Date of Award


Degree Name

Doctor of Philosophy



First Advisor

Dr. Malcolm Robertson

Second Advisor

Dr. Chris Koronakos

Third Advisor

Dr. R. Wayne Fuqua

Fourth Advisor

Dr. Sid Dykstra


The theoretical concepts of rule-governed behavior and five controlling variables identified from the literature were applied to the treatment of first-time offenders in a half-way house. The subjects had similar family, educational, and criminal histories. This population differed from those used in previous studies of rule-governed behavior (i.e., college students). Given the fact that reinforcement histories do affect rule compliance, it was expected that some differences would emerge in the way these subjects responded to rule changes.

Rules in the Center were operationally defined by specification of behavior, occasion, and consequence. Subsequent rate of rule violation was compared to the rate obtained during pre-baseline conditions. Rules were then assigned to three equal clusters based on rule type and probability of violation. All rule clusters were presented in three formats (oral, written, and demonstration). A multiple baseline design allowed for measurement of presentation effects. A second experimental condition was introduced to measure sensitivity to rule consequation. Consequences for rule violations were removed and reinstated at unannounced intervals varying in length from 2 hours to 48 hours. Violations during "no consequence" and "consequence" intervals were compared to determine sensitivity of resident behavior to the existing contingencies.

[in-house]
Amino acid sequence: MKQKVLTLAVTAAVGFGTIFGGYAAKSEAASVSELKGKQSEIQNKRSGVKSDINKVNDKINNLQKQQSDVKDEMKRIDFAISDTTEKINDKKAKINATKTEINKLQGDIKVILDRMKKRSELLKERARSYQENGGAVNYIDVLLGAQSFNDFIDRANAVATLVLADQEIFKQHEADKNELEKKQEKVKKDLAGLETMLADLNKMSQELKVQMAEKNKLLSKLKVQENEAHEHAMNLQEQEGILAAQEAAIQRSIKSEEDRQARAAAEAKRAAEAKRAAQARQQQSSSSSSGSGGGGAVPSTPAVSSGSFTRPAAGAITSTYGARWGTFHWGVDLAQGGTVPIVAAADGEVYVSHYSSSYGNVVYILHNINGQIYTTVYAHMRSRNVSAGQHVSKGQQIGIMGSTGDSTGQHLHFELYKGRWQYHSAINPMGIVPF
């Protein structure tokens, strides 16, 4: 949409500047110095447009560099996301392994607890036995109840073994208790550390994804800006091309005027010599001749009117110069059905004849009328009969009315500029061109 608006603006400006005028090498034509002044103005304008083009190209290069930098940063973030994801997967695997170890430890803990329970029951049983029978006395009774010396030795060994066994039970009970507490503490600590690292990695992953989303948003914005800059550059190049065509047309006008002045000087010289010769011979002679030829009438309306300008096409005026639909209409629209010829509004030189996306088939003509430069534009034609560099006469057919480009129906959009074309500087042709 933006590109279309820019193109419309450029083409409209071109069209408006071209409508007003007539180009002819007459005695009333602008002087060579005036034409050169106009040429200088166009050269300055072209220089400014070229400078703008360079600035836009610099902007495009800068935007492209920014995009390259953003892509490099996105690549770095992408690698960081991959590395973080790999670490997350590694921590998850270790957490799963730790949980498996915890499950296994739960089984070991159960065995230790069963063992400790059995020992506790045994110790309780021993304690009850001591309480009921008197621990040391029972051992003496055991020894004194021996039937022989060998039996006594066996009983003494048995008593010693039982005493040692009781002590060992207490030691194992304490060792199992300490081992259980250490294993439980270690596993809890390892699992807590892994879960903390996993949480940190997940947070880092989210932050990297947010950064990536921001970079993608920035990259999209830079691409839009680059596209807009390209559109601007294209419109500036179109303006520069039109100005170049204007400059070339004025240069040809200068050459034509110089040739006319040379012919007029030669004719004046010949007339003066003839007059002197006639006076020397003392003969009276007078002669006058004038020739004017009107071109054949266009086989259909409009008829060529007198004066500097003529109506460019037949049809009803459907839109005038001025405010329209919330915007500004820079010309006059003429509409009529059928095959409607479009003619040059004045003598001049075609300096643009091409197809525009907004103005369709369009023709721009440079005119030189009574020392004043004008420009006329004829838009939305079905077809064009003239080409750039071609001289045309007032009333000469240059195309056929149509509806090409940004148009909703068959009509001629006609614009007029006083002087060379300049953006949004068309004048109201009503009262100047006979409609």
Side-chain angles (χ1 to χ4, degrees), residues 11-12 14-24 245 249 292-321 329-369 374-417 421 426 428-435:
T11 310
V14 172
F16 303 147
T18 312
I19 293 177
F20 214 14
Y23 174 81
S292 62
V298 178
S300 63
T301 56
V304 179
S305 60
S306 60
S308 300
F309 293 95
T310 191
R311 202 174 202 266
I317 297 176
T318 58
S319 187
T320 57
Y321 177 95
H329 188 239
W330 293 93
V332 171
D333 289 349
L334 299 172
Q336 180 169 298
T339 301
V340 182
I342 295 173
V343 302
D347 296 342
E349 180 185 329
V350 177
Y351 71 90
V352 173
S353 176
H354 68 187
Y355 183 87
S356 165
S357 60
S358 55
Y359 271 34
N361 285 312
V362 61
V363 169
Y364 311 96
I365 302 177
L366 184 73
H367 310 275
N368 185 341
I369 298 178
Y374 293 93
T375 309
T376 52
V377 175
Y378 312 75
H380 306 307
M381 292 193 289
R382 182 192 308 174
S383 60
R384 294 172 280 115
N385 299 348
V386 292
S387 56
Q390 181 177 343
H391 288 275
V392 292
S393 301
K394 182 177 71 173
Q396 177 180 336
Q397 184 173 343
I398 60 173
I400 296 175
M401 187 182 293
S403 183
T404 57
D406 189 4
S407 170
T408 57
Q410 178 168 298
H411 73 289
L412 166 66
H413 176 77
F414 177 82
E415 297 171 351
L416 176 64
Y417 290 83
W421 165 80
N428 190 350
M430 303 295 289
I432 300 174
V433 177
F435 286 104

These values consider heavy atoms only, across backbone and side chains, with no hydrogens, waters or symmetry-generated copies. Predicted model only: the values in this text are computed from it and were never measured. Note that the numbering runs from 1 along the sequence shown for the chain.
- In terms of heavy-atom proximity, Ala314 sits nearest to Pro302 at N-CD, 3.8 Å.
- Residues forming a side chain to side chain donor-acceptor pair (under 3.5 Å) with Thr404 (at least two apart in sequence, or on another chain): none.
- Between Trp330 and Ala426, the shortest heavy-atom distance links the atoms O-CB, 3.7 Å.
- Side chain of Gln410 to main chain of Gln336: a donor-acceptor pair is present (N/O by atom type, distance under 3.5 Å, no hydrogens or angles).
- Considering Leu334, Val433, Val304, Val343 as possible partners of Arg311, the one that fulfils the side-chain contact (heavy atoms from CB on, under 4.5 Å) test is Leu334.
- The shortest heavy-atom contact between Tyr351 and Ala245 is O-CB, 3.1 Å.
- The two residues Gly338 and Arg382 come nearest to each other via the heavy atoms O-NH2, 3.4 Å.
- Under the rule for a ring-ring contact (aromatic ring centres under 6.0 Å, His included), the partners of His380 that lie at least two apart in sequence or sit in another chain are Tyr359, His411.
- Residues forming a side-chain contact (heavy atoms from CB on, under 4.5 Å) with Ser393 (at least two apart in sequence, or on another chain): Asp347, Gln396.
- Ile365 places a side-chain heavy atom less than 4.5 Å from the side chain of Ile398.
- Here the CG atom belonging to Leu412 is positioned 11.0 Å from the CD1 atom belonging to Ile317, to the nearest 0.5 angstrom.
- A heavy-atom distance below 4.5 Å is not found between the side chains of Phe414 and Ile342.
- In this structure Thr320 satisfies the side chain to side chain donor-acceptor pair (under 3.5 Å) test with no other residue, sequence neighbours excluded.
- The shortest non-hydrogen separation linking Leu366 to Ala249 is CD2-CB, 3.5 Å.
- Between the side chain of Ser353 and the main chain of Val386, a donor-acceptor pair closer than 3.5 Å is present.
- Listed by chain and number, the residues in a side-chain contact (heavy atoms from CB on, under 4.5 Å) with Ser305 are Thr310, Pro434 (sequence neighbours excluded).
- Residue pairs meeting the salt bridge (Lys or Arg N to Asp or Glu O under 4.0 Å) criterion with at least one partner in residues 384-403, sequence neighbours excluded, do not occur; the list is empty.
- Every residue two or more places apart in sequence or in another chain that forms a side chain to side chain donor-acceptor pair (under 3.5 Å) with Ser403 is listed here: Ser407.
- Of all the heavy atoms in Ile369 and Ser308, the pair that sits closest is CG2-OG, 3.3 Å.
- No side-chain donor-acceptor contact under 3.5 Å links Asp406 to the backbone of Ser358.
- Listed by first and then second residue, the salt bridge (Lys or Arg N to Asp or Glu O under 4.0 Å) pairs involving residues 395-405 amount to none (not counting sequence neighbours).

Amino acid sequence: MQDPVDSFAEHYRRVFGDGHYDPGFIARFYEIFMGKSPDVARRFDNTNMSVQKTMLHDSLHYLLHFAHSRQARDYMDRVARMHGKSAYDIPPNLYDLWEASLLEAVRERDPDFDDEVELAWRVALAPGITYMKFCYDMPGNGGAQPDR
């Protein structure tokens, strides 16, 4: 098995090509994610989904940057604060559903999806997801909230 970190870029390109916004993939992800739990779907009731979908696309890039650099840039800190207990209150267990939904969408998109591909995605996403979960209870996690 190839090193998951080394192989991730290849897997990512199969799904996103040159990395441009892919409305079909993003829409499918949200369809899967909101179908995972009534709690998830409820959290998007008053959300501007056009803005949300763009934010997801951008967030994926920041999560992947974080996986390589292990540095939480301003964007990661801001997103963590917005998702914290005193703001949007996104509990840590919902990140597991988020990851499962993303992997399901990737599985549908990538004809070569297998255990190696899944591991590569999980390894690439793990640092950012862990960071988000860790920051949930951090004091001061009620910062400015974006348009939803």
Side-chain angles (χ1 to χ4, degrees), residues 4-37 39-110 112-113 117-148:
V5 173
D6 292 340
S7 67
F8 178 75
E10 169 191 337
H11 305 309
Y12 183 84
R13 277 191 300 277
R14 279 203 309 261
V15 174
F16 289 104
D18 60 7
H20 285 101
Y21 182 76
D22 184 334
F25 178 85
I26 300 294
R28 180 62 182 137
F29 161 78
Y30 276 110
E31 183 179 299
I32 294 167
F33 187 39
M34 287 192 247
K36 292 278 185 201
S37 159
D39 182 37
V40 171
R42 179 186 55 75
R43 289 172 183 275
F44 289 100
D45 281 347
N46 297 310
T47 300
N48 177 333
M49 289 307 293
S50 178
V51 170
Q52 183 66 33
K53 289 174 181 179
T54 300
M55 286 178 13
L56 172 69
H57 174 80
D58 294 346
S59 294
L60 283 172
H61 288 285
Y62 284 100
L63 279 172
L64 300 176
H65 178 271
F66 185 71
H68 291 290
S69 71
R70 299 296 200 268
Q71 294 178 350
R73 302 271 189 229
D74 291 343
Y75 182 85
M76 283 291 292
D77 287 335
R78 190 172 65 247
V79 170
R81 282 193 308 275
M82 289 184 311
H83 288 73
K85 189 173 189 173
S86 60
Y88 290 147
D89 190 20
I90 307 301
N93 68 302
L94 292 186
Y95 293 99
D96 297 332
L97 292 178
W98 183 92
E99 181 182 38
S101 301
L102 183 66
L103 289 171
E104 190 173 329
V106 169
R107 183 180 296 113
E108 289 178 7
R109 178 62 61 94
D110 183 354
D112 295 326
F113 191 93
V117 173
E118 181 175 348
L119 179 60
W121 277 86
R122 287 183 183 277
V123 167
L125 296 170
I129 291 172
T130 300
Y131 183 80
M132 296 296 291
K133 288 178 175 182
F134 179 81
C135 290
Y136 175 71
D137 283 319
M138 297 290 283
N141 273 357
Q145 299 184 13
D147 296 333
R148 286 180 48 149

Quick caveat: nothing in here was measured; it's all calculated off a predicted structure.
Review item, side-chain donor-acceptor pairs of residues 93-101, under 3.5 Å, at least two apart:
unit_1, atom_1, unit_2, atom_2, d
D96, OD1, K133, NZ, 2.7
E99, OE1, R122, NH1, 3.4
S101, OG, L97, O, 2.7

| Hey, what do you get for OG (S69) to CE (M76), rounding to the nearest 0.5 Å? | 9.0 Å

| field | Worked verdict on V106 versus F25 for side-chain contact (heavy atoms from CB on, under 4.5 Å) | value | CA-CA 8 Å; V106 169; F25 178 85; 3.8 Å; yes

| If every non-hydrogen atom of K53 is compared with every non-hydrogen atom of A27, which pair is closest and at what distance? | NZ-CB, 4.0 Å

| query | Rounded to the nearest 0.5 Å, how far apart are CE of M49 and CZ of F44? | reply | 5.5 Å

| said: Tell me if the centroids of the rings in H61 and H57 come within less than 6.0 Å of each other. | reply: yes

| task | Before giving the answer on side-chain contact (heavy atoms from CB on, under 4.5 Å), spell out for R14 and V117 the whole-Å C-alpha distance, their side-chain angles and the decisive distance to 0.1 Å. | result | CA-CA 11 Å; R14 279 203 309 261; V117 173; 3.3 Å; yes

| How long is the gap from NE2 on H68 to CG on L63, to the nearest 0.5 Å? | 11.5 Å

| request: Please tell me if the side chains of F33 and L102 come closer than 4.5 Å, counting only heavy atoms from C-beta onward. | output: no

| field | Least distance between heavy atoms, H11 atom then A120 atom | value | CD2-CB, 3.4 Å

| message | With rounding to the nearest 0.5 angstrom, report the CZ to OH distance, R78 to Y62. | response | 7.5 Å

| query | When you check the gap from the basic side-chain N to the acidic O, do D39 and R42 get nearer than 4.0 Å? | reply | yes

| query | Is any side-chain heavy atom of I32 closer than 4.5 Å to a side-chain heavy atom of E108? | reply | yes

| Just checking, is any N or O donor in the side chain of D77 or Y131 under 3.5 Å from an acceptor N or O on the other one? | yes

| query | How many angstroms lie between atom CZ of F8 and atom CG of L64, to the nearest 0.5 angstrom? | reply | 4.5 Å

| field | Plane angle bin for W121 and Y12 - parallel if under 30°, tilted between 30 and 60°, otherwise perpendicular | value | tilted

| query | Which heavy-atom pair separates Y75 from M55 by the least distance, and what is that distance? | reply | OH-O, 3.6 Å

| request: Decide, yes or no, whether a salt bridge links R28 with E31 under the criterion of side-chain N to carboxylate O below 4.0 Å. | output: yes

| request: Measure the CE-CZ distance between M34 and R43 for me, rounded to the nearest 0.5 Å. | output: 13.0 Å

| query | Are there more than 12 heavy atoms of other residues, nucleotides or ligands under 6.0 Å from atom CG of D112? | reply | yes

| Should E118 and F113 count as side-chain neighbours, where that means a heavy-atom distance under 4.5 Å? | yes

Operationally defining existing rules for the staff reduced violation rates among residents when compared to pre-baseline rates. Subsequent presentations of revised rules to the residents produced an initial increase in violation rates; however; overall rule violations decreased with repeated presentation. Rules presented orally resulted in the greatest disruption (i.e., increased rule violations) across all clusters. Resident sensitivity to change in contingencies was evident during the consequence - no consequence phase. This condition produced a general increase in violation rate but produced an increase of a greater magnitude during intervals when consequences were applied. Some level of rule-control was apparent for both staff and inmate behavior.

Access Setting

Dissertation-Campus Only